The longer I fish, the more I am amazed, but at the same time befuddled by the complexity that is tournament bass fishing. It seems like each year the sport gets more and more complex with even more technology. Whether it is the invention of the PowerPole for maintaining position in shallow water, down imagining and side scans in electronics or the Alabama Rig for freshwater guys, the pace at which the sport has evolved is astonishing. Nonetheless, there are many things that have remained the same such as the attention to detail that it takes to compete in a tournament series, and preparation I didn’t know existed till I devoted much of my free time in college to the sport I have grown to love and hate.
Christmas and New Years are behind us and I’m slowly transitioning into the normal routine of the working world. Thoughts are shifted from picking up last minute Christmas gifts for loved ones to the realization that an approaching season means entry fees are but a small investment awaiting the eager angler. Use these tips and knowledge to survive the so far (fingers crossed) mild winter we have experienced to this point:
1) New Years resolutions do not have to be confined to bad habits and the latest diet trends. I have always been taught the benefit of writing down the things I wish to accomplish/take part in over the course of the year. I can recall using this for something as simple as planning how to spend personal time while on vacation. Just like any form of creative thought, all things come to fruition by first brainstorming. This will help you to better organize your ideas. Elementary, I agree, but none of us are spared from overlooking the most basic fundamentals. It is never too late to set personal goals whether it is in tournament fishing or just an initiative to explore deeper into nature.
2) Assess your rods and reels, for they will surely experience wear and tear regardless of how much money you spend on them. Corrosion in your reel and even on your rods can make the difference between the perfect cast into cover and coming up short. The cleaner the tools of the trade, the less work both you and your equipment will endure. Clean around your rod guides to avoid any unnecessary friction. Often a guide that is worn may lose its perfect smoothness and wear at your line as it travels off the spool and down the rod. As seen in one of the most recent FLW magazines, take a cotton swab and run it inside each guide. If the cotton catches on the guide, replace the blank insert. For cork handles, put some rubbing alcohol on a rag to reinvigorate the appearance of your rod. Line can deteriorate over time as well, so throw out anything that feels compromised. Confidence is everything in fishing.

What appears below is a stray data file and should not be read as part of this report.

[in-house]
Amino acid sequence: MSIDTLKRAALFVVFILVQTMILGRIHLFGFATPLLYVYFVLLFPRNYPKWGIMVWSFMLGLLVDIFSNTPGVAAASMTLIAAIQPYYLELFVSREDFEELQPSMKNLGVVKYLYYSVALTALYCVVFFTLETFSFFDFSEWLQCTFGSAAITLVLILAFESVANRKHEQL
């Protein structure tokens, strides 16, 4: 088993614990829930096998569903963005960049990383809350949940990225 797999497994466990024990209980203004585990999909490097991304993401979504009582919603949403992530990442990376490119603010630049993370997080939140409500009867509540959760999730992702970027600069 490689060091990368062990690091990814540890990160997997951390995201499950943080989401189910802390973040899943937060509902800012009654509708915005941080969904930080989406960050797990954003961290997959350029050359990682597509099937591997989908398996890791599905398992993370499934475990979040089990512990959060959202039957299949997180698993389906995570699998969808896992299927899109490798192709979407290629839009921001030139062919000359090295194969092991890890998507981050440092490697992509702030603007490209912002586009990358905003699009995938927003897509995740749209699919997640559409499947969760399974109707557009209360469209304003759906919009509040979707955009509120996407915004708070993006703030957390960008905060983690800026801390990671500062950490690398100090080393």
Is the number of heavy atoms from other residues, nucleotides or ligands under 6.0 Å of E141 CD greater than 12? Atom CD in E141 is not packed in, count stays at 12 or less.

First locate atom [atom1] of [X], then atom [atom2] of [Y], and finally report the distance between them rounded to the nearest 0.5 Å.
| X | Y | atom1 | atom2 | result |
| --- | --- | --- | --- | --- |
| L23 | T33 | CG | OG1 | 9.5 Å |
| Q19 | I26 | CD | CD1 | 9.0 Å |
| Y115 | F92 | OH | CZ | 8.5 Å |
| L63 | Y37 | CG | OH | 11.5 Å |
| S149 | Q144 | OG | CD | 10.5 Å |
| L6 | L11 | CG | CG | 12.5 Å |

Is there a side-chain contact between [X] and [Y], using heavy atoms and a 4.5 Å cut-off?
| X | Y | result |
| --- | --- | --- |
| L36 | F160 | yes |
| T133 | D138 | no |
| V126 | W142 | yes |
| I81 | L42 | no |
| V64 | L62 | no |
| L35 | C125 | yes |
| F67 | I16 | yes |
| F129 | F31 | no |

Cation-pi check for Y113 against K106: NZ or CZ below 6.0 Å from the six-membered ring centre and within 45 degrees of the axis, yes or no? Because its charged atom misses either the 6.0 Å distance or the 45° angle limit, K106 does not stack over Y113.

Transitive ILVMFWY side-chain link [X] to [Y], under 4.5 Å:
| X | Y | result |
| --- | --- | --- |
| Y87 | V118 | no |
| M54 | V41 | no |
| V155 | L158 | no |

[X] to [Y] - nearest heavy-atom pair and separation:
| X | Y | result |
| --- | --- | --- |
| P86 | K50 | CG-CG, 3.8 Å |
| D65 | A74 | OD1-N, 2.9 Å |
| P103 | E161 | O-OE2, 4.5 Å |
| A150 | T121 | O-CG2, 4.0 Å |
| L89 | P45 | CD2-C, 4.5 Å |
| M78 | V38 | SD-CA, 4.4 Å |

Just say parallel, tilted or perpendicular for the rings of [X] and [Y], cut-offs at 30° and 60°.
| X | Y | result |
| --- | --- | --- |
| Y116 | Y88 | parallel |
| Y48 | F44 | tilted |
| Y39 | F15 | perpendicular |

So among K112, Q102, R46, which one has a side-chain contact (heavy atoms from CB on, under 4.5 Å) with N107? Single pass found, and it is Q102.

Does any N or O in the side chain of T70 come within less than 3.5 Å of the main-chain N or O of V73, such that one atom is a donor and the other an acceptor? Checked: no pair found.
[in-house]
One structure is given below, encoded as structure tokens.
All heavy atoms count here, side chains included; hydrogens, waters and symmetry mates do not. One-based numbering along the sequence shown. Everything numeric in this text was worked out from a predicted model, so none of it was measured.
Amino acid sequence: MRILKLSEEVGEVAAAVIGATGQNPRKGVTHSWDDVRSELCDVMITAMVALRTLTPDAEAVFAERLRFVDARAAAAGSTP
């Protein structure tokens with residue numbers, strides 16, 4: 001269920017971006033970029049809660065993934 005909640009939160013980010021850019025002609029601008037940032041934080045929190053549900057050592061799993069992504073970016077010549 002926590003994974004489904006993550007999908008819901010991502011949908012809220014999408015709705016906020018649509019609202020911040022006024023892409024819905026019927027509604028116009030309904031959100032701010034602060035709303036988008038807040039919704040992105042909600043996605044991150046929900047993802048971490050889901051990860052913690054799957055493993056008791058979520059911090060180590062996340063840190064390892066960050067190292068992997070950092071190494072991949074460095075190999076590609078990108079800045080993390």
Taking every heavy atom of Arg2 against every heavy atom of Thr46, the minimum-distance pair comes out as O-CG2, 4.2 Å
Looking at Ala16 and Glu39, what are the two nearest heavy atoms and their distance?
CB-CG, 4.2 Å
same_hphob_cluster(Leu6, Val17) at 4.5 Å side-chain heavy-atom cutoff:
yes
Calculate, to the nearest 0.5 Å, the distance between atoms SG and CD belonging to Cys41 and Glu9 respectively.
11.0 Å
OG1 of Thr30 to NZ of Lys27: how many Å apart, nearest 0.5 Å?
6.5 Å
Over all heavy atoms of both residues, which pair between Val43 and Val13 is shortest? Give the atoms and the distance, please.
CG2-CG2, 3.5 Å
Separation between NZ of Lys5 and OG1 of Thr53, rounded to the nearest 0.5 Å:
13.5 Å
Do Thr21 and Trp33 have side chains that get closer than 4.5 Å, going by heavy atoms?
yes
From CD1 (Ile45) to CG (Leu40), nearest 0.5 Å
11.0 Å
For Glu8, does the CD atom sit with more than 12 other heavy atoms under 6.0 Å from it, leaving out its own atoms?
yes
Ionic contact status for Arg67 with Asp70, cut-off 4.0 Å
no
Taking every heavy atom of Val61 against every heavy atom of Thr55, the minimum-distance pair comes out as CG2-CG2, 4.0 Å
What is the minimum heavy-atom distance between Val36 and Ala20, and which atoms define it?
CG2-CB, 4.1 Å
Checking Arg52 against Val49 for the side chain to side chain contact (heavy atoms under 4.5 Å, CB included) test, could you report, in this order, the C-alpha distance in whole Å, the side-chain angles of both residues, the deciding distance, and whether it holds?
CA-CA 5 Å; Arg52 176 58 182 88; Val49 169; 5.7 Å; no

3) Use the downtime to place the necessary tackle orders for spring. By analyzing the condition of your equipment you will better understand your needs. For the best selection, I would recommend going through Tackle Warehouse. Not only do they have free ground shipping, holidays mean an array of special deals and offers to help you save your hard earned cash.
4) The earlier an angler prepares their tournament season schedule, the better you can prepare for making the necessary accommodations of housing, licenses, etc. Working around one or two weekend shifts a month can make things stressful, but knowing these restraints beforehand has helped me determine the time I can spend on the water. For the BFL Series or similar link style tournaments, reach out to fellow anglers on social media and on the FLW or similar forums that allow communication. As I have learned, linking with a boater/co-angler that you are not associated with prior can introduce you to new techniques and angler groups. If possible, spend practice time with your guaranteed boater/co-angler to divide and conquer fisheries. As discussed in blogs in the past, teamwork has substantial benefits.
5) Time during the season is limited, so use your spare time to maintain the ways in which you represent yourself: Facebook, Twitter, Instagram, SnapChat, Website, Email, Sponsors, etc. The angler must determine how involved he/she wants to be, but today’s internet allows for sharing of information in ways we didn’t have even ten years ago. No matter your interests, there are others who share in your passions and the internet allows these connections. Even fishermen have to maintain a resume, so maintain a detailed record of all your accomplishments and media coverage. Over the next few weeks I will be submitting website changes and sending emails to collaborators.
I can recall sports coaches and idols I looked up to as a kid reiterating the importance of hard work. The words often flip through my head in times of mental weakness. While you are sleeping there is someone out there putting in the extra effort; whether it be in the form of reps in the gym, pitches of the jig into a small cup, or even studying one more textbook chapter for an upcoming exam, you must work harder. In 2015, my goal is to focus on the things I can control and let the rest take care of itself. Just as we must zone out the contemplation of what our competitor is doing on the water or on the court, take satisfaction in preparing to the best of your ability. As Albert Einstein once stated, “Once you stop learning, you start dying.” Explore the intricacies in all of your endeavors. Good fishing my friends!